Most of the email that I receive is from people asking the same questions over and over again and, a lot of the time, those queries are concerning basic information that is not adequately covered in the unit manual. Or, if it is covered, is explained in such a technical/convoluted way as to make even my eyes water (I mean really, do the people who create these manuals think that we all have post graduate degree’s in physics or something?). Anyway, I thought I’d start a series of shorter “Tips and Tricks” type of posts to try and demystify these wonderful gadgets of ours.
Since my last few posts have been concerning the Garmin Hardware Updates and the map software on your Garmin Nuvi GPS, lets begin by showing you how and where to check what versions you already have on your unit (I have used a Nuvi 360 for the screen shots but since all of the units in the Nuvi range have very similar menu structures, it shouldn’t be too difficult to follow the instructions on your own unit).
First let’s check your firmware version:
From the main menu screen on your Nuvi, tap on the “spanner” to open your settings menu screen. Then tap on the “System” button.
At the bottom of the system settings screen you will see an “About” button. Tap on the About button and this will bring up your System and Copyright Info screen. On this screen you will see the Model, the Software (or, as we prefer to call it down here in Africa, the “Firmware”) version, the Unit ID and a bunch of other less important information.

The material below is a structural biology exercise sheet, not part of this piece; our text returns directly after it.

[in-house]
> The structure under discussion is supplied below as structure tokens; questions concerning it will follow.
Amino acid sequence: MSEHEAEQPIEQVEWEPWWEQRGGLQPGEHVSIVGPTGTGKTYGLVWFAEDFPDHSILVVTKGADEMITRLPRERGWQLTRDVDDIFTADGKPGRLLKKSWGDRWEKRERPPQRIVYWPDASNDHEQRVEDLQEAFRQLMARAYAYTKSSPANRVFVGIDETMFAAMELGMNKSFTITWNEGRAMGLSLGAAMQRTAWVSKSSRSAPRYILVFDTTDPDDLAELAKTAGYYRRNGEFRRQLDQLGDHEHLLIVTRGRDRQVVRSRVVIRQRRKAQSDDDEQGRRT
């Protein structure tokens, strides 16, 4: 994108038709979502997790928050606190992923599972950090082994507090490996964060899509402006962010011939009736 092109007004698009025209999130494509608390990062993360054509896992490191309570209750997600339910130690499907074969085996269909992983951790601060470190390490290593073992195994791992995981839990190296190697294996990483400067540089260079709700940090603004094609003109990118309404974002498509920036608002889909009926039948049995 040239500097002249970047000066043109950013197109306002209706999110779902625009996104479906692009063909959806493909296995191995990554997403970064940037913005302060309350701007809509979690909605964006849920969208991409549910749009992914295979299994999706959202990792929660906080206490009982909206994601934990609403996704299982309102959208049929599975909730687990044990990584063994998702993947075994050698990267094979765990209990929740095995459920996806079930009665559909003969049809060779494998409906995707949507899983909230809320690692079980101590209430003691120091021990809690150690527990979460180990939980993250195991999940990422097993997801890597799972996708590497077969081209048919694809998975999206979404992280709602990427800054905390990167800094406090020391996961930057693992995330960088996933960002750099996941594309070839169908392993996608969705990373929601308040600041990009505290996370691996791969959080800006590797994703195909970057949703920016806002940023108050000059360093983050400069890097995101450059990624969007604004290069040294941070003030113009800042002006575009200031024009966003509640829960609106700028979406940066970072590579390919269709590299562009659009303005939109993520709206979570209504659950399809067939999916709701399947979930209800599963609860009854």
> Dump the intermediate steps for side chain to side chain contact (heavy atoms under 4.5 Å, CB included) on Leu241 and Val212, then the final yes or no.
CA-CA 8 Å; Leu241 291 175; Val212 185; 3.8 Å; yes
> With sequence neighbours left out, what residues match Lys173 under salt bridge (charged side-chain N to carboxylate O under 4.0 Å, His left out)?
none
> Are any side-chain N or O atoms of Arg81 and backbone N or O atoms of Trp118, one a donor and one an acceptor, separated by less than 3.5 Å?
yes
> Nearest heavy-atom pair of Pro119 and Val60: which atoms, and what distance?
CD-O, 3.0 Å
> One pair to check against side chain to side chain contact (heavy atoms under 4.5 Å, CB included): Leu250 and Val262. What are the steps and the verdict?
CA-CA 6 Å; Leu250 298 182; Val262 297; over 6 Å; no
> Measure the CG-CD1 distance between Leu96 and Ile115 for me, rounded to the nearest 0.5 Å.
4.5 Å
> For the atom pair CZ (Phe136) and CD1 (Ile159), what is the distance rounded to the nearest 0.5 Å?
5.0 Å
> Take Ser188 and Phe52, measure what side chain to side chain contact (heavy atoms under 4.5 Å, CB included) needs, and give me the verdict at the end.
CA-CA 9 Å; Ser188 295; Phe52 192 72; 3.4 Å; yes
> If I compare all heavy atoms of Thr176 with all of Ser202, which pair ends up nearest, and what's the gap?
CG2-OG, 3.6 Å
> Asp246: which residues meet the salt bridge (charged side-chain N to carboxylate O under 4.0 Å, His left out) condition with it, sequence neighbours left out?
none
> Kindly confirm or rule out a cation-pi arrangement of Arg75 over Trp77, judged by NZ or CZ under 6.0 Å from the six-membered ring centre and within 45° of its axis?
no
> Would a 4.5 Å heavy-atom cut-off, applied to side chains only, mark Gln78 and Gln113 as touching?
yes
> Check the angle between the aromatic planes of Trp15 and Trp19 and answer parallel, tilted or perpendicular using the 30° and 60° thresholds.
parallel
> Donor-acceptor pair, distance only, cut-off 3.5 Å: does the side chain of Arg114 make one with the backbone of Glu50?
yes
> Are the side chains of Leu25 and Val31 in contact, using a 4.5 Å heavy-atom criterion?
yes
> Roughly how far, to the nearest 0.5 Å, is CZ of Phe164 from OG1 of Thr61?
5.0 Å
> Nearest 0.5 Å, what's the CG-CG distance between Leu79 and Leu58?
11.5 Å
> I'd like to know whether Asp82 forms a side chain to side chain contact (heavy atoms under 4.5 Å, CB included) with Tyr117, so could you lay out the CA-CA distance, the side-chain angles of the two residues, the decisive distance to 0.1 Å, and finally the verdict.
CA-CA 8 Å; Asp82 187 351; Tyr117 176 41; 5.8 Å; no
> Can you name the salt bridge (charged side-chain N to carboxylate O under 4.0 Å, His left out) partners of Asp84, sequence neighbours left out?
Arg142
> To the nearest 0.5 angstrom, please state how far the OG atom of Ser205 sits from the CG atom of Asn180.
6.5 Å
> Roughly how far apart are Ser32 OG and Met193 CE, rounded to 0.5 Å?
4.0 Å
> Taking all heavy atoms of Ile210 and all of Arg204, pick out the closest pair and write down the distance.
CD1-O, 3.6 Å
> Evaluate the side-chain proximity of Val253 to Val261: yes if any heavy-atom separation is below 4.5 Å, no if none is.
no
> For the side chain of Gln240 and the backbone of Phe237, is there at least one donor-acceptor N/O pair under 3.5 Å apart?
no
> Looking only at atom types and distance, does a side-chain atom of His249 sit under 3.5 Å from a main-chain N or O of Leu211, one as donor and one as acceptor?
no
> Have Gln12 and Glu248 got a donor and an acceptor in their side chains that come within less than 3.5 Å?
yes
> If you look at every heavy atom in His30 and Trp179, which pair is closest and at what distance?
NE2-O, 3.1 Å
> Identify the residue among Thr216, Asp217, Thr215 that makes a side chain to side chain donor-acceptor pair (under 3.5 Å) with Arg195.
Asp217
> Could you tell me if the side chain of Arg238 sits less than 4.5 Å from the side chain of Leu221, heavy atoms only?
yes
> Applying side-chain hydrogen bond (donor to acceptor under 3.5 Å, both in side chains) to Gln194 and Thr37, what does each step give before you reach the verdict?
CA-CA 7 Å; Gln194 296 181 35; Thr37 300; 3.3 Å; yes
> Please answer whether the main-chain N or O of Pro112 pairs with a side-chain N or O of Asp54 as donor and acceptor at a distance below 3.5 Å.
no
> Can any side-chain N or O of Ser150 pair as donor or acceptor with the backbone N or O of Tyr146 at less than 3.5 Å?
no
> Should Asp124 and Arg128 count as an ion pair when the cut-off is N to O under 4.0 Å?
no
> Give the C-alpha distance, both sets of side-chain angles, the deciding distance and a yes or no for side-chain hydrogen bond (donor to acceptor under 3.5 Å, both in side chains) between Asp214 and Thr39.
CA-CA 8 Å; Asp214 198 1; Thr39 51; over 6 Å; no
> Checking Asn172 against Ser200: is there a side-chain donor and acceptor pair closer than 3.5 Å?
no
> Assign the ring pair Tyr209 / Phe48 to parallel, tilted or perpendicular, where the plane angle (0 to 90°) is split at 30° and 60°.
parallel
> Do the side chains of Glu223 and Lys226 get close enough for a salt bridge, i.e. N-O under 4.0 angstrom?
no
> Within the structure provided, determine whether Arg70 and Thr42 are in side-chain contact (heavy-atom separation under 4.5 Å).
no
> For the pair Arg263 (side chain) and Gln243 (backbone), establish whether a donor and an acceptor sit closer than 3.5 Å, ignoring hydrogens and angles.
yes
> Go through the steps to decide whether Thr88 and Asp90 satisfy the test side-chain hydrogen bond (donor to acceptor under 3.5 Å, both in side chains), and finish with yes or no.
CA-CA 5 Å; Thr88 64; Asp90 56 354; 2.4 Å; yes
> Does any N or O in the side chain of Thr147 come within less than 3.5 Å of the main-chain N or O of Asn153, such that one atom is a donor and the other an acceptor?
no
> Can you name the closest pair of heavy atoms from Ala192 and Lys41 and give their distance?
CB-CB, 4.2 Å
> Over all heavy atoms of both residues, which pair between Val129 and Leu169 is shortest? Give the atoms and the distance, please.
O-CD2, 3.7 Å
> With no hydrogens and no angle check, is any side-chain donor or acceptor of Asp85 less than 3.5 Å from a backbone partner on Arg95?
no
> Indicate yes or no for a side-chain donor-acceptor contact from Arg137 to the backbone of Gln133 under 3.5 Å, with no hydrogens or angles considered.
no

Next, lets take a look at your map software version:
Again, from the main menu screen, tap on the “spanner” to get to your settings menu screen but this time select the “Map” button to open your map settings screen.
At the bottom of the map settings screen you will now see a “Map Info” button. Tapping on this will open up your Map Info screen. You will notice that I have a few different maps loaded on to my Nuvi but only one of them is ever selected (in the tick box) at a time. This is to prevent clashes between the different map products loaded and whilst it not always necessary, it is a good practice to follow, especially if you have two different mapsets covering the same area i.e. a road/street map and a topographic map (we have had a couple of instances where some really weird routes have been created when the unit tries to use one mapset for one part of the route and a second mapset for the rest of the route).
Well I hope this helps you find your way around your Garmin Nuvi a little easier. Please let me know if these tips are useful to you by leaving a comment below…